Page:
Rookie (February 9th 1948 / London, Westminster SW1)

Fragments From Before The Gaze Of Alphabet - Poem by Martin TURNER


A speckle of rain. Wasp weather.
The river popples between the reeds.
Three p.m. spike in September
of a day that started coolly.
Rain that began as a smirr
exits as a guggle of drainwater.


A plane slides onto the apron
of the nearby tarmac,
an insect leaving its sac.
But will the unstruggling son
one day don the warrior’s torc?
Overhead a soaring roc drops in an arc.


Iago Prytherch shoulders the labouring elements,
too work-warm to think of cold,
while the wind abrades the neighbouring hills,
importuning silence.


The tall man, free-footed, swings
his small blond son onto his shoulder
from where the latter eyes the world
with happy noises.
Admiring, the women watch,
wishing themselves untethered.


Notches fur the vale of sky.
Evening cools the flowers shut
and opens the eye of solitude.
Pines hang the wrong way.
Canals of light brush down dust.
Silence swings in the bracts of the ear.


In summer my sun-flecked wooden shed
is a wailing wall for wasps.
Materialism fills
the soil up with bones.
A few slight poems survive
like garlands in the river.

A curious stalemate
between impatience and procrastination.
But nothing can dissemble
this injection of emotional darkness.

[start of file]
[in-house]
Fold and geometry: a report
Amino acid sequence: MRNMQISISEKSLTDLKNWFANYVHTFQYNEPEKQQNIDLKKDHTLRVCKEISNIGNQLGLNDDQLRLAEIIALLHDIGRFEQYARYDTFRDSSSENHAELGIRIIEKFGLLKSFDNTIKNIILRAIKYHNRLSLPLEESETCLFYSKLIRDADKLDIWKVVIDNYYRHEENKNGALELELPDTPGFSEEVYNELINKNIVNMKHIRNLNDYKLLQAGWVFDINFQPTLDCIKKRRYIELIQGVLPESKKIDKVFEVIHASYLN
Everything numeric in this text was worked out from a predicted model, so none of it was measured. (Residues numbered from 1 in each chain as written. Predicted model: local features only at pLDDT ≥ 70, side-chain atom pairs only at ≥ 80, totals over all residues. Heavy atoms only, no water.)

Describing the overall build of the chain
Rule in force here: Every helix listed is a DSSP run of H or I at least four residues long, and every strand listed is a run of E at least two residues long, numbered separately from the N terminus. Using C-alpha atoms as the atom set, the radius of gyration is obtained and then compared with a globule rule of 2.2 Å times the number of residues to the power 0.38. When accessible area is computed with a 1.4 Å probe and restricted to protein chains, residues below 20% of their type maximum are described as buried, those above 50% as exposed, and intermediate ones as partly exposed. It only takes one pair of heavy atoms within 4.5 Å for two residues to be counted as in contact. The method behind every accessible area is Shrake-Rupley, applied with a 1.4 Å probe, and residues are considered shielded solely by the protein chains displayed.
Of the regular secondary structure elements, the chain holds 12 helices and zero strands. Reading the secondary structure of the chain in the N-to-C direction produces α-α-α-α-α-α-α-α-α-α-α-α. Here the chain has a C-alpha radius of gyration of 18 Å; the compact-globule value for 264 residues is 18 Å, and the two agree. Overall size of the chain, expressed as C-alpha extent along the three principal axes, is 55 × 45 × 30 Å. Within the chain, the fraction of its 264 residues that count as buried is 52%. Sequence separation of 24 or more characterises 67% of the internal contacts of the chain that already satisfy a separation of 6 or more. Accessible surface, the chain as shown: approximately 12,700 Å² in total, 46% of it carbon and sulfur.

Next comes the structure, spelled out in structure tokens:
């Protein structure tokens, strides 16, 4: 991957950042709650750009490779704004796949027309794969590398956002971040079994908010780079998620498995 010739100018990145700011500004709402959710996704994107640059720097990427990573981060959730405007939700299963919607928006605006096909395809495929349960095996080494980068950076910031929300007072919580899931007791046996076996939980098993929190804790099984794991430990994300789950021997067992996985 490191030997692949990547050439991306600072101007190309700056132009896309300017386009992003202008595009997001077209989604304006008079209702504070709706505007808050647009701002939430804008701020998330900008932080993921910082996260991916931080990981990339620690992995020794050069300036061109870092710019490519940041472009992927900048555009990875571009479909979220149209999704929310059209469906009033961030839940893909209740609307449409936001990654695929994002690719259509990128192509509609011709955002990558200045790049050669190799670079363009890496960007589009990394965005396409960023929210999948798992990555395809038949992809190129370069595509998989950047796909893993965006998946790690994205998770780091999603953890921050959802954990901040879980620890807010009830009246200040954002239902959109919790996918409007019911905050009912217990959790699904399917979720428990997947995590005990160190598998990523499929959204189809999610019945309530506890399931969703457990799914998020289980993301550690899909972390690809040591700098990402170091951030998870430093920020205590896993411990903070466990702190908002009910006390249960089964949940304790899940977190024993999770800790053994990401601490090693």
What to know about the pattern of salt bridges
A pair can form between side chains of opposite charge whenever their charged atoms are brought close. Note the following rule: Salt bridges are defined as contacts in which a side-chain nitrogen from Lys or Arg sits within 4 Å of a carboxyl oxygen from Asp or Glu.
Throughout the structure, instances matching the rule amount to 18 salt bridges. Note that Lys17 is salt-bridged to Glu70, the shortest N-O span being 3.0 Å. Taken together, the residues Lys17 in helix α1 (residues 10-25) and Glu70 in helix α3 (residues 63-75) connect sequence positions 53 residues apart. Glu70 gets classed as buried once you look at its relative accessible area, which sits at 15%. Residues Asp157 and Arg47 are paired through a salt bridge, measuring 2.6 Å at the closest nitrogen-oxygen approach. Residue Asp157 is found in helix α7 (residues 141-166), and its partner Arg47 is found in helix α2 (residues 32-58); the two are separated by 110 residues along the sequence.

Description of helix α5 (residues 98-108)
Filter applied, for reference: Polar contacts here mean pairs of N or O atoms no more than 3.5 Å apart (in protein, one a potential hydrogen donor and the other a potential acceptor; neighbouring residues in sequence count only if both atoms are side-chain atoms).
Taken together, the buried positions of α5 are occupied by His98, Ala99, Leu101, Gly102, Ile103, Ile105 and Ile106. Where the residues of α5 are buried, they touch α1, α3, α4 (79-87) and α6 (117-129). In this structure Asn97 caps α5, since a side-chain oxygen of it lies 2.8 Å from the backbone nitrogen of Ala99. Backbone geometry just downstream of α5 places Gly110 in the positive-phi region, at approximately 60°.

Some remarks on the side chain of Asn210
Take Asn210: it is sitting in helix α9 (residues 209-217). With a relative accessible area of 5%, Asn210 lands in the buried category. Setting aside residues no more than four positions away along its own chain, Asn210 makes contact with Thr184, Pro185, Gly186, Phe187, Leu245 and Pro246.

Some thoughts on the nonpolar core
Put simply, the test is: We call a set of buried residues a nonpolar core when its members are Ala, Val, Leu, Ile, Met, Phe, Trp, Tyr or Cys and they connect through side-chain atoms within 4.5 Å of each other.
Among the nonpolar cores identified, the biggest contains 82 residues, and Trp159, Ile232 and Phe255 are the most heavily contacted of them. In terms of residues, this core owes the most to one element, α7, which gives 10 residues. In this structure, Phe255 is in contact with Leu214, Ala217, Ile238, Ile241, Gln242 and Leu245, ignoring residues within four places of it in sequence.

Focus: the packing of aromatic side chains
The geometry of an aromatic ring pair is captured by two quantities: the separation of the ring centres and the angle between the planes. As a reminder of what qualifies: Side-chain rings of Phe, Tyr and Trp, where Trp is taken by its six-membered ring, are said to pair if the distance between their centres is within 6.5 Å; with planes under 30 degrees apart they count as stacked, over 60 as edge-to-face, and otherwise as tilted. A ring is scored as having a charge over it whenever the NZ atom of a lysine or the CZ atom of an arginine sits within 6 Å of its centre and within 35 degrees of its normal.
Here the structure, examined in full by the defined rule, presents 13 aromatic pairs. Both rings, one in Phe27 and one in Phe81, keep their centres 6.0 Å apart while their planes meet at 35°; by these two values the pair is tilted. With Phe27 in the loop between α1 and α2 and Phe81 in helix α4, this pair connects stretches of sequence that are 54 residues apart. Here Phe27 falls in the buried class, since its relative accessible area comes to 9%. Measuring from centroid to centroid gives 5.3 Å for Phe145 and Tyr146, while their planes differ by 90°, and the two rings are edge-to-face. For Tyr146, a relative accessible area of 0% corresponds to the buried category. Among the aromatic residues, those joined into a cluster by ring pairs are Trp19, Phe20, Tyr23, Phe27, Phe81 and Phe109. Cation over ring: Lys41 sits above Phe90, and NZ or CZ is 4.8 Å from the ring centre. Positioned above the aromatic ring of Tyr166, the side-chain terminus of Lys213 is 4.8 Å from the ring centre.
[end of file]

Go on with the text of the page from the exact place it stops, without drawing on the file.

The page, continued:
Those who live in sealed basements
must worship the sun.


Bathed in home she plumped
for the marauders’ train,
smiling as everyone noticed
the platform announcer’s singsong.

Trying to avoid panic and alarm she supped
at rest and sunshine like a prisoner,
letting her cortex unwrinkle
like a finger-smoothed sea.


The spiritual cramp to be endured,
the clamp of survival, is lifted.
Fed by the flame of doubt
the sordid Protestant conscience
has little to say to the democratic rabble
with their dark glasses and mobile phones.

Politics insinuates an indoor sport
of orchestrated insincerity,
synchronised mass hysteria,
soft theatre of the wish, the gesture, the illusion.
History – how we constituted our being –
soon becomes an accumulation of newspapers.


To be human, thus, is to be visible
only to the eye of compassion,
the naked eye.
The girl wandering by the roadside
is incapable of grappling with
her own tiller in the churning storm.

Thrown about by the buffetings
we lurch forward who would rather
stand still a little longer,
roar for power who instantly
abuse small moments of respite
and anyway cannot stand the voltage.


Easter Morning at the Galleria Accademia.
It is the mind that sees.
At the San Marco museum,
rocks are like anvils, sheared and planed.
Broad-shouldered, the betrayed Christ
dances, elusive and upright as a pillar.

Pigeons racing the wind
flaunt aspen-like
their bellies of doves;
high above, a hawk stoops
poised with tucked
tail like a fishhook.

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Poem Submitted: Saturday, September 20, 2008

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